Britain’s decision to pull out of the EU’s atomic energy community at the same time as Brexit sparked warnings that the country would face shortages of electricity and cancer treatments. These concerns posed by its planned departure from the 61-year-old Euratom treaty have spurred London to act more decisively than in many other areas of Brexit prep work over the past two years. In a progress report sent to the parliament earlier this week, the government said it had new inspection staff in training and key cooperation agreements either in place or in the making. It also promised fill in for lost Euratom funding of research and development, so as to carry on a government goal to become a “world-leader” in nuclear energy innovation. But if the UK and EU fail to clinch a deal on their future relationship before March 29, the timeline to finish these preparations will evaporate. The country will break away that day, without a Brexit transition period up through 2020.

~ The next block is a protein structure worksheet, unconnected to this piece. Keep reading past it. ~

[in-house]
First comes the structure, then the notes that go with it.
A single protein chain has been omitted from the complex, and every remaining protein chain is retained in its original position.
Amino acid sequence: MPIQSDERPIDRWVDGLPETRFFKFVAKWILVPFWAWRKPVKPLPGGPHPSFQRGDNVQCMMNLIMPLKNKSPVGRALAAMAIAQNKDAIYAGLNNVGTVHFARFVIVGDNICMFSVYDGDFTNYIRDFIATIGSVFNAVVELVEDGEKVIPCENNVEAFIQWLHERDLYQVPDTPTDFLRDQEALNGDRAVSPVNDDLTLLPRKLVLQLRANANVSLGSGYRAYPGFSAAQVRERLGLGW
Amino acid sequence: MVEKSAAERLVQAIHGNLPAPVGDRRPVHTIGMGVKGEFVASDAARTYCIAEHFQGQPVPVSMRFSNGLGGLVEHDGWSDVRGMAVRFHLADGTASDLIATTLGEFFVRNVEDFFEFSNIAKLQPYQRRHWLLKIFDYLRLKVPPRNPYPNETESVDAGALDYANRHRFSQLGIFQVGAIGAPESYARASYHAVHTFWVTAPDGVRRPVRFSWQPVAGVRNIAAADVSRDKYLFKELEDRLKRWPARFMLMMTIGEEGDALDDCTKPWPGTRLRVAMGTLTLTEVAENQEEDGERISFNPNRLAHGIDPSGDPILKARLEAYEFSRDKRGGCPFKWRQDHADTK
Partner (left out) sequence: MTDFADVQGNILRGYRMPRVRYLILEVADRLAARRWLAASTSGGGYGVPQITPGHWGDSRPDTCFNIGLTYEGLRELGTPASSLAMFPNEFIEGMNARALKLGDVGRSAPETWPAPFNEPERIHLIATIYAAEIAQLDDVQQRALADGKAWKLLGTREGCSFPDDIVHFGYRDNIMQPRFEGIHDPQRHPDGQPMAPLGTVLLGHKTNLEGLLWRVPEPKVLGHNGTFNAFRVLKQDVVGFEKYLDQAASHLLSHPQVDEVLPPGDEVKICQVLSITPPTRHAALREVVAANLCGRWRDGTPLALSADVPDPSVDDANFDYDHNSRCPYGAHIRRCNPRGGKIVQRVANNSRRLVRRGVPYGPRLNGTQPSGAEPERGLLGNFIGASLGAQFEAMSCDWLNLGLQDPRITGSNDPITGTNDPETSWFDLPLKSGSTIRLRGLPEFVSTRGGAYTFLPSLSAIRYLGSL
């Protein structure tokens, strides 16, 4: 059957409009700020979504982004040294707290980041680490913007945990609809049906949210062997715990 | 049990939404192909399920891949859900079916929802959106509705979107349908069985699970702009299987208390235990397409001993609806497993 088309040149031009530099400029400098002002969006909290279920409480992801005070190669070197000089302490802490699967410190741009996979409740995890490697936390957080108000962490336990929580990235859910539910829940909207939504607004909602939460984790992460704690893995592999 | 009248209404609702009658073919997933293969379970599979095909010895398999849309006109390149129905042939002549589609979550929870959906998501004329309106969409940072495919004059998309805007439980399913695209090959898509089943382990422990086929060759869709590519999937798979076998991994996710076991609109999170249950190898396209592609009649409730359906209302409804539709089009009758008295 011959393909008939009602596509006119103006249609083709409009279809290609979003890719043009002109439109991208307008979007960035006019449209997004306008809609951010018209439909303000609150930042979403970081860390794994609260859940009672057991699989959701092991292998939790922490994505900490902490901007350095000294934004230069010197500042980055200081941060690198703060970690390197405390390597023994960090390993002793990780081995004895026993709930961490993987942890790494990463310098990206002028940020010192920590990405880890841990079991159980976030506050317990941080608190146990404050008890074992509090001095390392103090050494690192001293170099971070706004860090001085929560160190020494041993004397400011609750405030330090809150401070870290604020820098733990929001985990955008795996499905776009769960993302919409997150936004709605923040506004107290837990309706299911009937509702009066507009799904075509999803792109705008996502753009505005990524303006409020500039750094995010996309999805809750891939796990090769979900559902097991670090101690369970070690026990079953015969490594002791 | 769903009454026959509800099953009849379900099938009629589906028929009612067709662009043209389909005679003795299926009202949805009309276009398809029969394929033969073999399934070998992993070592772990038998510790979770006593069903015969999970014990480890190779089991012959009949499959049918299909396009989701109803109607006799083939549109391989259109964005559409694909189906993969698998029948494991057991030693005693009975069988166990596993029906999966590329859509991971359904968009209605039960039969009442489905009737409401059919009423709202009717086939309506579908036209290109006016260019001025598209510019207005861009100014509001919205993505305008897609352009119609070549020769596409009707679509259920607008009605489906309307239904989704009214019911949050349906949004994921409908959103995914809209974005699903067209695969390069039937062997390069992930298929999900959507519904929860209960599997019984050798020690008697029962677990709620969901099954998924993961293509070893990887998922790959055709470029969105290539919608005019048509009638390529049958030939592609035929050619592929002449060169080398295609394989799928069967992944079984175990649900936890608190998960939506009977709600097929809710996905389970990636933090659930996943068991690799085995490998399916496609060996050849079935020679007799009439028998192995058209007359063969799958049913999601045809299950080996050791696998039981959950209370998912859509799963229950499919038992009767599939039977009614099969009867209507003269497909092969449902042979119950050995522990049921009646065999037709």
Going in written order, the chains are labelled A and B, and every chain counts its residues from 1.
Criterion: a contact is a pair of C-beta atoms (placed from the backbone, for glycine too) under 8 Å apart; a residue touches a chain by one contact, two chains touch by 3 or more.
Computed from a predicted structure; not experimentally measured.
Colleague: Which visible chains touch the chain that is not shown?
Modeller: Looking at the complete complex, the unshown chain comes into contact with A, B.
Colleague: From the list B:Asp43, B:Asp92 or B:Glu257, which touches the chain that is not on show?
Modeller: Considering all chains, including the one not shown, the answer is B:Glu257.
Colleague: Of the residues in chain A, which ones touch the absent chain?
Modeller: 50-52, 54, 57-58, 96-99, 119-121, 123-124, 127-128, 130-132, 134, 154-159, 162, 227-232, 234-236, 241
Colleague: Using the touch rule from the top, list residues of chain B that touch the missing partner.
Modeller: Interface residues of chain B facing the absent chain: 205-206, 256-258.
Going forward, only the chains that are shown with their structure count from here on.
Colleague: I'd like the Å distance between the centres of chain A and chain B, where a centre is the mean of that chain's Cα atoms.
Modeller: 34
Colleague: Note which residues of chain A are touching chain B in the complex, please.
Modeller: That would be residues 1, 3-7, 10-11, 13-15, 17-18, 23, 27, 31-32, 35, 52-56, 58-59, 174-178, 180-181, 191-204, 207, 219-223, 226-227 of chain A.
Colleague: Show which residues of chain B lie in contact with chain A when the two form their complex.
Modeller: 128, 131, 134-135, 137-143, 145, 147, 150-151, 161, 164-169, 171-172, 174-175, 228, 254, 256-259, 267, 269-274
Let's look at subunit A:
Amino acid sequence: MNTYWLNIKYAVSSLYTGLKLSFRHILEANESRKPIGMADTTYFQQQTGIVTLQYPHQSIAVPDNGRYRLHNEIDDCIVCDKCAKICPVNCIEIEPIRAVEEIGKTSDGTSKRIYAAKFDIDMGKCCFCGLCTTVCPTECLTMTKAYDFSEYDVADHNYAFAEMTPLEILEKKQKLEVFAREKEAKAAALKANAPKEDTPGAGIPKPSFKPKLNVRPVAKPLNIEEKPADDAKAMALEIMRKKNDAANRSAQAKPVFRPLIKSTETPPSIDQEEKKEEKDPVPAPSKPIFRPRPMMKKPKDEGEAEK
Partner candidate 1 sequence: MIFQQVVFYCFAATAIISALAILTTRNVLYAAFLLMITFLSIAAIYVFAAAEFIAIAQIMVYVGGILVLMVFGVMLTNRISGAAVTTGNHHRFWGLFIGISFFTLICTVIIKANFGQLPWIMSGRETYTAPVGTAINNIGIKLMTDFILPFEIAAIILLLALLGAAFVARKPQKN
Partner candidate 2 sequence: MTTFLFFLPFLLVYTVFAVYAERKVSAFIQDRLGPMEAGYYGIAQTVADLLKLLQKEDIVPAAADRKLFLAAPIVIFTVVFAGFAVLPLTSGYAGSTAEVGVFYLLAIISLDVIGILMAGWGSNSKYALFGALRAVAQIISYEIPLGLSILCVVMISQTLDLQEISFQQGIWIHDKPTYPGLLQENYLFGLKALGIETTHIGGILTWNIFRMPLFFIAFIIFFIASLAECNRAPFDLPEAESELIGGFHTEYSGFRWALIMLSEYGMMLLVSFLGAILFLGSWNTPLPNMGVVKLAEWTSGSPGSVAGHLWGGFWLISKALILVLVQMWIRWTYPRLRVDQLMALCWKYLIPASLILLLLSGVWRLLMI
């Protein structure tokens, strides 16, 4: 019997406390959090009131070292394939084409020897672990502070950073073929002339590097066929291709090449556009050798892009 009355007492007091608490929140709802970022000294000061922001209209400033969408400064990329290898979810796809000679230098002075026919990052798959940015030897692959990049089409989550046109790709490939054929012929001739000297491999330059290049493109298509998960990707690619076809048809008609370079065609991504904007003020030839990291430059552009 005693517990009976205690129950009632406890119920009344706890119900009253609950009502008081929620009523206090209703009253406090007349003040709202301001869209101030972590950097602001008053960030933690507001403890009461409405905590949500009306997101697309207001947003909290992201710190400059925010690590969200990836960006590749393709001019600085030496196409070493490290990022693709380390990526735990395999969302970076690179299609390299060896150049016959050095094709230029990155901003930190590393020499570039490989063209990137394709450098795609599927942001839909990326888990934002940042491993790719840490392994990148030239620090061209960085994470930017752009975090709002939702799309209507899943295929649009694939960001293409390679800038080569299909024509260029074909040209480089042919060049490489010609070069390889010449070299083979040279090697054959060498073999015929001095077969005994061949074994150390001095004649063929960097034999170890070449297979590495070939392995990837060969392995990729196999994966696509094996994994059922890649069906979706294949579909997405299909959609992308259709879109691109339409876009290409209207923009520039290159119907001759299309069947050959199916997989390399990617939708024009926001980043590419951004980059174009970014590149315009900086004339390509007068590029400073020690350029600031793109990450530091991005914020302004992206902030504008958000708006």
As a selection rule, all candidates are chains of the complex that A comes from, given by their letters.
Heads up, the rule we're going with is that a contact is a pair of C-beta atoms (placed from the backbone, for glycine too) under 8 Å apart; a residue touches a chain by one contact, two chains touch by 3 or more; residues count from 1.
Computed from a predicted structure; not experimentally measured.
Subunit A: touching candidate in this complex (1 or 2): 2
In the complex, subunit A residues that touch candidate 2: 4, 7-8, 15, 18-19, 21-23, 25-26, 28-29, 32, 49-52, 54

Climate Change News 12th Oct 2018 read more »